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Re: Of sticks, twigs and logs

Posted: Wed Aug 31, 2011 11:53 am
by dante
If you reason in Serb to understand an English verb tense, you are going down the wrong track, in my opinion, however unavoidable this may seem.
In my explanation of the Present Perfect I was reasoning logically, whatever the language. There's a clear rationale for the existence of every grammatical construction possible in any language or that construction wouldn't be. Only, different languages distribute the same concepts across the grammatical constructions differently. My idea was to show exactly what you claim Phil - the logic of your mother tongue doesn't match the logic of the language you learn. The trouble is that every learner, without exception, will learn and use the foreign language by mentally doing translation from their mother tongue until they are very, very advanced learners.That's inevitable and if there's a living person who have managed to skip that step in learning a language please introduce them to me, it will benefit my understanding of the learning process a lot. I believe that every English learner of Serbian will intuitively look for the grammatical aparatus which would enable him to say the same what, in the particular example with the present perfect, would be the meanings as I explained. They will find themselves in a situation where they will want to direct my attention to the fact that they have that letter done and they will, I believe, intuitively try to differentiate the Serbian verb in a similar manner as they do in English, but that won't work for the reasons I stated in my previous post.
I know that the very term "grammar" along with the loads of latin-derived terminology like adjectives, adverbs, subjunctive, clause etc. sounds daunting to learners but once they manage to see beyond the terminology and understand grammar as "little useful notes on the use of the language" they're going to make use of its concepts.

David Crystal has written extensively and brilliantly on the subject of the language acquisition and I suggest you read his "A little book of language", very interesting reading. Here's a quotation from the book, which is common sense I guess:
Let’s think about what happens when we learn a word. If I say that in Japanese there’s a word bara-bara, and ask you to learn it, what’s
the first question you’ll ask me? ‘What does it mean?’ That’s a very sensible question, because there isn’t much point in trying to learn a word if you don’t know what it means...But what if you’re a baby, and you can’t ask ‘What does it mean?’ because you haven’t learned to talk yet? Now what do you do? You watch and you listen. You pay attention to what’s going on around you. There’s plenty to listen to, after all. People are talking to you all the time, except when you’re having a meal or about to fall asleep. And there’s plenty of time to listen, because actually you haven’t got much else to do. While you’re awake and not eating, all you can do is lie back and take in your new world – how it looks, how it feels, how it smells, how it sounds. And especially, how it sounds when the noises come out of another human being...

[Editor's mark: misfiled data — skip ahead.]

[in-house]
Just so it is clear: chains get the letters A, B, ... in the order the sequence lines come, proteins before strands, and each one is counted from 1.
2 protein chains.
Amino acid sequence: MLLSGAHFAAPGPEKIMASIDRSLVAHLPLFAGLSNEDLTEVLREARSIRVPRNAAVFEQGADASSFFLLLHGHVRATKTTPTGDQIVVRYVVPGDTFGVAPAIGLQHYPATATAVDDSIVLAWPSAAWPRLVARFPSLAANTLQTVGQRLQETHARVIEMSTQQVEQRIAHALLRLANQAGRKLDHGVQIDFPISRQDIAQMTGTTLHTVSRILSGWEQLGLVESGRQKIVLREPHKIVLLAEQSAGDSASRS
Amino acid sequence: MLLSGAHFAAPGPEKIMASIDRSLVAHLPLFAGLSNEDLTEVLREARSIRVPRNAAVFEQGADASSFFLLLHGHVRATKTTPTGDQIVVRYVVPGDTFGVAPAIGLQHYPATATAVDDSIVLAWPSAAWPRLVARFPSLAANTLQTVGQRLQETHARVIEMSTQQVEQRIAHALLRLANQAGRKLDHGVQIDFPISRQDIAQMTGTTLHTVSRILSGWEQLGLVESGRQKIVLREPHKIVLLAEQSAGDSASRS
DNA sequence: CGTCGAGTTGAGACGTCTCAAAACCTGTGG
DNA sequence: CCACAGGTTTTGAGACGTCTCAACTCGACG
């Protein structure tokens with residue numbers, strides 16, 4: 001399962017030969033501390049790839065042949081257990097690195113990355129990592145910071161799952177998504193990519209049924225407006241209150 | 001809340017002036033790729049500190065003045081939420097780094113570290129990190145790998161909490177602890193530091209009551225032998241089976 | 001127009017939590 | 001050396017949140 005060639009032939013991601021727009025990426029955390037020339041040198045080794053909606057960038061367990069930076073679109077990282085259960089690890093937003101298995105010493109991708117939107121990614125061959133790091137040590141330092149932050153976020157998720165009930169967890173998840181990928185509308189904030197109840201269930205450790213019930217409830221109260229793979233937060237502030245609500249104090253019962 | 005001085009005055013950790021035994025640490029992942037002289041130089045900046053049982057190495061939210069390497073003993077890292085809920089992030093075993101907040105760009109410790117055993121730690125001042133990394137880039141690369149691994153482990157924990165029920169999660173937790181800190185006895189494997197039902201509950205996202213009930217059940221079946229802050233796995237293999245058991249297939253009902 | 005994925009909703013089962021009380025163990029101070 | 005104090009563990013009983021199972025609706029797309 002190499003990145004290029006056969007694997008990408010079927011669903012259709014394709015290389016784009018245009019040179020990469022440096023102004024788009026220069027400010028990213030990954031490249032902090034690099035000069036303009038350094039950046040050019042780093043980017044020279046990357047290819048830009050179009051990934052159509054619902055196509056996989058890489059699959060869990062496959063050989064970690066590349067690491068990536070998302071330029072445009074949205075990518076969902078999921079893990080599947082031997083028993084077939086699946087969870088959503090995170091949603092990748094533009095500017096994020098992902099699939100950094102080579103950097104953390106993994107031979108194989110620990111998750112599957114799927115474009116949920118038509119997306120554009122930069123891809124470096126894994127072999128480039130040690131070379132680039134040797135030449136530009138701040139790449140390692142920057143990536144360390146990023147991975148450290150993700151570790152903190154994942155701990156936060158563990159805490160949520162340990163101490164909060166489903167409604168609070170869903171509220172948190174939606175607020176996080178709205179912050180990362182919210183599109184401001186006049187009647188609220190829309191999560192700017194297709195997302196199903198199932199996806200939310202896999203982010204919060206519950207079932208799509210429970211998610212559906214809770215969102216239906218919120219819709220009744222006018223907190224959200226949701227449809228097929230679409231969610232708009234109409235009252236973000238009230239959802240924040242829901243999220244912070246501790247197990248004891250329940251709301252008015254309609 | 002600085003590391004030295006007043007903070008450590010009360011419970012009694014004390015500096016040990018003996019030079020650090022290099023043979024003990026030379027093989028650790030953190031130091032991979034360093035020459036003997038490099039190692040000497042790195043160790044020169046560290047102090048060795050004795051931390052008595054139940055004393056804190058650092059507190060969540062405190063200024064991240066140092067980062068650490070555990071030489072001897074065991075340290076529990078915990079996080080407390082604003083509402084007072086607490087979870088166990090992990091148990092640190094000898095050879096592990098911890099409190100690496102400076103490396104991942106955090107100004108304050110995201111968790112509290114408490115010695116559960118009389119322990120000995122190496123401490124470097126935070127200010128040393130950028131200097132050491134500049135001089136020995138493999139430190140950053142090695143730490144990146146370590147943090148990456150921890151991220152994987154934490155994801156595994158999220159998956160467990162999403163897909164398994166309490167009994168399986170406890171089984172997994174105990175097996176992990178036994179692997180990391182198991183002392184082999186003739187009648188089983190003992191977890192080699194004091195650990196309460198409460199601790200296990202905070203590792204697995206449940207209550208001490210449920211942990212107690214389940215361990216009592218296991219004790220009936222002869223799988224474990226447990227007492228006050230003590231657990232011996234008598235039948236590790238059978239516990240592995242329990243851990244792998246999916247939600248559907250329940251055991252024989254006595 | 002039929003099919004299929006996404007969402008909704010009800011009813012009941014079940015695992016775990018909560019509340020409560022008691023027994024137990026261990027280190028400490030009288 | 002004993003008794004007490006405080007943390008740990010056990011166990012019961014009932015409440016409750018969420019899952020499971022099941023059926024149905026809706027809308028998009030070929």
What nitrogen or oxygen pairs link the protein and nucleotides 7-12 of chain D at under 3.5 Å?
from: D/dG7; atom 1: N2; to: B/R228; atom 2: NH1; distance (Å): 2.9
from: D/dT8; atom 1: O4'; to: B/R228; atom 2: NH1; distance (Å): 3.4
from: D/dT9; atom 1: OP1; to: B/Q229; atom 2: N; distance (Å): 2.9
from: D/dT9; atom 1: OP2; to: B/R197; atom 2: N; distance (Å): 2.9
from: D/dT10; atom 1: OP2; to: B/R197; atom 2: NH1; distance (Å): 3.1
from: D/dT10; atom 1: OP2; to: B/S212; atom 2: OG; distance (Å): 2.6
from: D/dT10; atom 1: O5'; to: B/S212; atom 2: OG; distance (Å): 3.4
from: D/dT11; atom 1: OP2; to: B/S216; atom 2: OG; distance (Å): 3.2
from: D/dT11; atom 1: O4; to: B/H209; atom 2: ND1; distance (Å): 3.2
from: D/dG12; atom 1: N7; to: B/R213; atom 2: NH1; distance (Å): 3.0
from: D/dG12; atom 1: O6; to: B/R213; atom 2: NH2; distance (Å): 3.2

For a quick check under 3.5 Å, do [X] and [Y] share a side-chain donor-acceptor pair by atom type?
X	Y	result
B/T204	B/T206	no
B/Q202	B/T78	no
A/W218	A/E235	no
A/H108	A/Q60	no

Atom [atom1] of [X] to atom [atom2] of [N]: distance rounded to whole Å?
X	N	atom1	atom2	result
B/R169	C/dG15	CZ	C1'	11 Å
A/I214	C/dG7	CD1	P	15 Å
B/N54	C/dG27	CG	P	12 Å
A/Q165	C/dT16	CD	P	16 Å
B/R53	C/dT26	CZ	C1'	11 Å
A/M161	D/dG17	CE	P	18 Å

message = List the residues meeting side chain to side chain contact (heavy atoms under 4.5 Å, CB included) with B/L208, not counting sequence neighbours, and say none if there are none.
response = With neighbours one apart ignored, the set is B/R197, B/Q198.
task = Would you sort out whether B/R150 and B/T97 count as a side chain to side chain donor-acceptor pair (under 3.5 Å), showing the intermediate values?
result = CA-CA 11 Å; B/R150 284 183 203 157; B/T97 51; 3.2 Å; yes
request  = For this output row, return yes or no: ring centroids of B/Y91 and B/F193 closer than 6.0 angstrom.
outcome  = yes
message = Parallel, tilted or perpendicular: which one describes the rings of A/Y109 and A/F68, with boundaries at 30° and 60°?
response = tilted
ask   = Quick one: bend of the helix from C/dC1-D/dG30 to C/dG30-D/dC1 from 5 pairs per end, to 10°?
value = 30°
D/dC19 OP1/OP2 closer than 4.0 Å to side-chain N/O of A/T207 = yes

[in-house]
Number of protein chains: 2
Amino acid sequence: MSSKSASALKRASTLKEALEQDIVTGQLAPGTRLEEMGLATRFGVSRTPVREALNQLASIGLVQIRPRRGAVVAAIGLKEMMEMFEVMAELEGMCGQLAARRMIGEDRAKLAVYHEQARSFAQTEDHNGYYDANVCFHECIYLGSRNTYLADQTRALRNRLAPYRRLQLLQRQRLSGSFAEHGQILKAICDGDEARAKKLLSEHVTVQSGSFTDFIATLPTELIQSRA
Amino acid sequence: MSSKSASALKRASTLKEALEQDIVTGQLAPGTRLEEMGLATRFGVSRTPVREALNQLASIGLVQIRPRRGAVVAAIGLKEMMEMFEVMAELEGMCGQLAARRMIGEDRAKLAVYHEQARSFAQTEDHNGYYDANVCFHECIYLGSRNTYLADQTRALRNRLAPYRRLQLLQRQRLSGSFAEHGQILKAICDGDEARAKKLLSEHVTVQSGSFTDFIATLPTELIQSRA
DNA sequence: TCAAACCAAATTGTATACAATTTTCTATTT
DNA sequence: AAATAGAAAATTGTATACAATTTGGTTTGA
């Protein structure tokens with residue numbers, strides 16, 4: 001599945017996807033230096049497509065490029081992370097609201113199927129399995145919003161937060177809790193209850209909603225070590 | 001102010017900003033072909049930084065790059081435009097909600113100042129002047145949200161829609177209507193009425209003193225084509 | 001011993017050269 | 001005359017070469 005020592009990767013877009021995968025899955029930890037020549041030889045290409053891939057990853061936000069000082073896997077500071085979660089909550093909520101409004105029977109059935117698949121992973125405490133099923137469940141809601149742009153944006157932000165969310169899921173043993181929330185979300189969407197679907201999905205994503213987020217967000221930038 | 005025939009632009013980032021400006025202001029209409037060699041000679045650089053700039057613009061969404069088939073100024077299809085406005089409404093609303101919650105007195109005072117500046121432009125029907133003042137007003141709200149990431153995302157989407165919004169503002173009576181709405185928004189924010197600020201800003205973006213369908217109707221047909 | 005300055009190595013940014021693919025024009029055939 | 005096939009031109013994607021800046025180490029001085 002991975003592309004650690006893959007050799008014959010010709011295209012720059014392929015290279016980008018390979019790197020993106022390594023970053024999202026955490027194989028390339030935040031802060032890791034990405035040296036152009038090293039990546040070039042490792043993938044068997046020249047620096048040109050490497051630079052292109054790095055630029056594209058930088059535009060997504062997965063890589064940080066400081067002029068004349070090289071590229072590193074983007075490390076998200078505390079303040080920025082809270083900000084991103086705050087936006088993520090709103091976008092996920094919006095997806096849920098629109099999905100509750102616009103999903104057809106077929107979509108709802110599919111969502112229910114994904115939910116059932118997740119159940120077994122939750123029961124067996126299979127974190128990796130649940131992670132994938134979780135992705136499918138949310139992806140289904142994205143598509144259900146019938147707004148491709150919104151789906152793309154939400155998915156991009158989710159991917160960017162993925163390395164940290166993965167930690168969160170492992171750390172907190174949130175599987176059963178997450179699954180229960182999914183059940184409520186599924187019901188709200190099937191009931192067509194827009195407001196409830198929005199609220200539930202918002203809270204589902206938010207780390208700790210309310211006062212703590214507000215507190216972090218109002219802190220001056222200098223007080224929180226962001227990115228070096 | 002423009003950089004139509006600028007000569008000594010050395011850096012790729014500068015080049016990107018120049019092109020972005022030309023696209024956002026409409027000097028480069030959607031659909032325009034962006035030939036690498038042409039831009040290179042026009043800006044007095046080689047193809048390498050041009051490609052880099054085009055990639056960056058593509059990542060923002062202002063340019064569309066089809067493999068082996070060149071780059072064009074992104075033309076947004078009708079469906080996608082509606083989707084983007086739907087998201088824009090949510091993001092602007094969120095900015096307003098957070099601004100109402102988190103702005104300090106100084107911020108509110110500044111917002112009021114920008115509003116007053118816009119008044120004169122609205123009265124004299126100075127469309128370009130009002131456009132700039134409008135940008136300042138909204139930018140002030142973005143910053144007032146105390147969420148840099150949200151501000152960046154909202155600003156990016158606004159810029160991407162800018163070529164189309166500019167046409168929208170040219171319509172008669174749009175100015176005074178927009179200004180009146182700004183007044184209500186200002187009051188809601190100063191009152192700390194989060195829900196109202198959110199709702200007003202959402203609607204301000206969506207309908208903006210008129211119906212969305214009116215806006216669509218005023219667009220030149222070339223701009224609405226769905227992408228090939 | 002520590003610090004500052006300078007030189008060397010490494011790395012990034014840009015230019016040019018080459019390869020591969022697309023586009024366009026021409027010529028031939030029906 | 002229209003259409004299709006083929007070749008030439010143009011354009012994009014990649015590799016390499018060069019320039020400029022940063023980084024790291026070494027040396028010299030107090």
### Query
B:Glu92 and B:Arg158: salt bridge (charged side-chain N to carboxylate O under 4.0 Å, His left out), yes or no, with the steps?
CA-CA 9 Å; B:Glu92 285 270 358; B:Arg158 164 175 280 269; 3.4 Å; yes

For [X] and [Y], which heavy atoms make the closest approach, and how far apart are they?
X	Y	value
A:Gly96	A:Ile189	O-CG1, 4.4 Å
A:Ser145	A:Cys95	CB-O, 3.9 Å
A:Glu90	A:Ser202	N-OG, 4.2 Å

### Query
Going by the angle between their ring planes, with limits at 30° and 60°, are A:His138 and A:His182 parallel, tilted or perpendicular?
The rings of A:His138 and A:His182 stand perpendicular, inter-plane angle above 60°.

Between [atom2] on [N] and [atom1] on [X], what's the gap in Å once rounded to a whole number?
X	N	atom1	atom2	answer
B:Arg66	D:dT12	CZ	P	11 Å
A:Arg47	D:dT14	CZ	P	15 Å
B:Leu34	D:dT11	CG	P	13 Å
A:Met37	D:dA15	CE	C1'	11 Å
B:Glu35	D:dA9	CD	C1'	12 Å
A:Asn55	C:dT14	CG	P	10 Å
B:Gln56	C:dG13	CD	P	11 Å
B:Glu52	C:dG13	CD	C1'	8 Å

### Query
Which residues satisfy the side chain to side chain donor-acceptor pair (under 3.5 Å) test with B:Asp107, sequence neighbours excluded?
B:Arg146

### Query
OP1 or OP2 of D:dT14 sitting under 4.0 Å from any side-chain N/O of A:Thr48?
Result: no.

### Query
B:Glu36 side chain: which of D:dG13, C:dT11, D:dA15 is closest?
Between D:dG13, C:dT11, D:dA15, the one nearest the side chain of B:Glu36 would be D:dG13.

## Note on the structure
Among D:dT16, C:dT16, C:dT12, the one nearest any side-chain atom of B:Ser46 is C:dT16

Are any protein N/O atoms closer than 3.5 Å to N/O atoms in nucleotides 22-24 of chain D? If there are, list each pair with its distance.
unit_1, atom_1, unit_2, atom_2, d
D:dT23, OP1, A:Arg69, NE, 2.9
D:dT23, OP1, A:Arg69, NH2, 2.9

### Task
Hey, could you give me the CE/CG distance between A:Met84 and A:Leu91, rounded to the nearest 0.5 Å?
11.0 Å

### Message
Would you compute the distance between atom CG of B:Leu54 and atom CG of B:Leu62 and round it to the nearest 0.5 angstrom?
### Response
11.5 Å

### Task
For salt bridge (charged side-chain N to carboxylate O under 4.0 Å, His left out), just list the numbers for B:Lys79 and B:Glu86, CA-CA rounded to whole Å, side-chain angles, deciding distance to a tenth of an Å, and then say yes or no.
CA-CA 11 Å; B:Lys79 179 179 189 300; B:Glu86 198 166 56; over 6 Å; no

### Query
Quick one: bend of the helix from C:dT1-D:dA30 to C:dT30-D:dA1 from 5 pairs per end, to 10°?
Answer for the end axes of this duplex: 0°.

Re: Of sticks, twigs and logs

Posted: Wed Aug 31, 2011 3:45 pm
by PhilHunt
Firstly, I can give you an example of people who do not translate to learn a second language Dante: bi-linguals. My son is one. He doesn't ask for a translation of words from one language to another even though he is now aware that there are different languages; for example, he prefers some cartoons in Italian rather than English. There are many nations around the world where kids grow up learning more than one language. It could be argued that mono-lingual households are less common globally.
In adulthood you will also always come across examples where translation from the mother-tongue just does not help. Take Japanese which, to my knowledge, does not have a future verb tense. How do you translate the English future for a Japanese speaker? To successfully learn the English future tenses a student must learn to reason in English. Your assessment of the Present Perfect and comparison in Serb only works because the two languages have tenses to define past and present, but don't forget that many languages don't.
I also gave you various examples of people, such as the Iranian woman, I have taught with whom I do not share a common language. They have to learn English from the ground up and at no time can I say to them "Yes, it means ..x... in your native tongue", which I can easily do in Italian. These people may internally go through translation in an attempt to understand but ultimately they will have to absorb the language in a mono-lingual exchange.